Inside Senda de Vida 2, a Reynosa shelter opened by an evangelical Christian pastor when his first place was full, some 3,000 migrants are living in tents set up on concrete slabs. cardboard and coarse gravel. Flies flew everywhere under the hot sun even though it was mid-December.

For many fleeing violence in Haiti, Venezuela and elsewhere, such shelters offer at least some safety from gangs that control journeys through the Rio Grande and hunt down migrants. .

In McAllen, about 100 migrants who evaded asylum restrictions lay on carpets on Thursday in a large hall run by Catholic Charities, waiting to be transported to family and friends across the country. throughout the United States.

Gloria, 22, from Honduras, eight months pregnant with her first child, held a piece of paper with the words: “Please help me. I don’t speak English.” Gloria also did not want her last name used out of fear for her safety.She expressed concern about navigating the airport alone and arriving in Florida, where she has a family acquaintance.

Andrea Rudnik, co-founder of an all-volunteer migrant welcome association in Brownsville, Texas, across the border with Matamoros, Mexico, was worried about having enough winter coats for the migrants coming from warmer climates.

“We don’t have enough supplies,” she said Friday, noting that donations to Team Brownsville have dropped.

Title 42, part of the 1944 public health law, applies to all nationalities but applies disproportionately to those whom Mexico agrees to withdraw — Guatemalans, Hondurans, El Salvadorans and more recently Venezuelans, in addition to Mexicans.

According to court filings on Friday, Border Patrol agents intercepted single adults 143,903 times along the Mexican border in November, down 9% from 158.639 times in October and the lowest level since August. Nicaraguans become the second-largest nationality at the border among single adults after Mexicans, overtaking Cubans.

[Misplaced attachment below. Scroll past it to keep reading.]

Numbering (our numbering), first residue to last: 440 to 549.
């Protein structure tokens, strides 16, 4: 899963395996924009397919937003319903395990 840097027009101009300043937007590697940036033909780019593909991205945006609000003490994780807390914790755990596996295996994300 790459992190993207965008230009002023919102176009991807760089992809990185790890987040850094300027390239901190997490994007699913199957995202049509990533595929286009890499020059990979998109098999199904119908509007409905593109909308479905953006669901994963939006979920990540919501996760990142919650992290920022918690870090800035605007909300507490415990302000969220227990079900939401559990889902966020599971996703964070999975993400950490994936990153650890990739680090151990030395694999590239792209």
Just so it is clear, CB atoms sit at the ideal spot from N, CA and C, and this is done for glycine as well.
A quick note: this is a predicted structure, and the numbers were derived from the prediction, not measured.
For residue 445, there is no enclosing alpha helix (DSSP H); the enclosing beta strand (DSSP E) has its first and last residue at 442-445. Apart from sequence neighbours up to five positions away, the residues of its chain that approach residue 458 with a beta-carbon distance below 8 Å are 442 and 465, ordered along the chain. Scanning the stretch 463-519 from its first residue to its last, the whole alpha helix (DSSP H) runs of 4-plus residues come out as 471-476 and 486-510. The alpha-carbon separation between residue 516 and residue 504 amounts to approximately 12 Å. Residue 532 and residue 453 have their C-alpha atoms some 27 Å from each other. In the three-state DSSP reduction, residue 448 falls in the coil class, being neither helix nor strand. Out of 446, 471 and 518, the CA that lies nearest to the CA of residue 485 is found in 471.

Single adults in Venezuela were stopped 3,513 times by Border Patrol agents in November, down from 14,697 a month earlier, showing the impact of Mexico’s October 12 decision to accept unmarried adults. emigrated from the South American country deported from the United States

Single adults in Mexico were stopped 43,504 times, down from 56,088 times in October, more than any other nationality. Nicaraguan adults were intercepted 27,369 times, up from 16,497. Cuban adults were stopped 24,690 times, up from 20,744.

In a related development, a federal judge in Amarillo, Texas, on Thursday ruled that the Biden administration wrongly ended a key Trump-era policy aimed at keeping asylum seekers waiting in Mexico to be heard in US immigration court. The ruling has no immediate impact but could prove a long-term setback for the White House.

The “Stay in Mexico” policy was used to force about 70,000 asylum seekers to wait in Mexico for US hearings after it was introduced in January 2019. Biden suspended the policy. book on his first day in office, leading to a long and tortured administrative and legal road. Thousands of migrants await end of Title 42 at Mexico border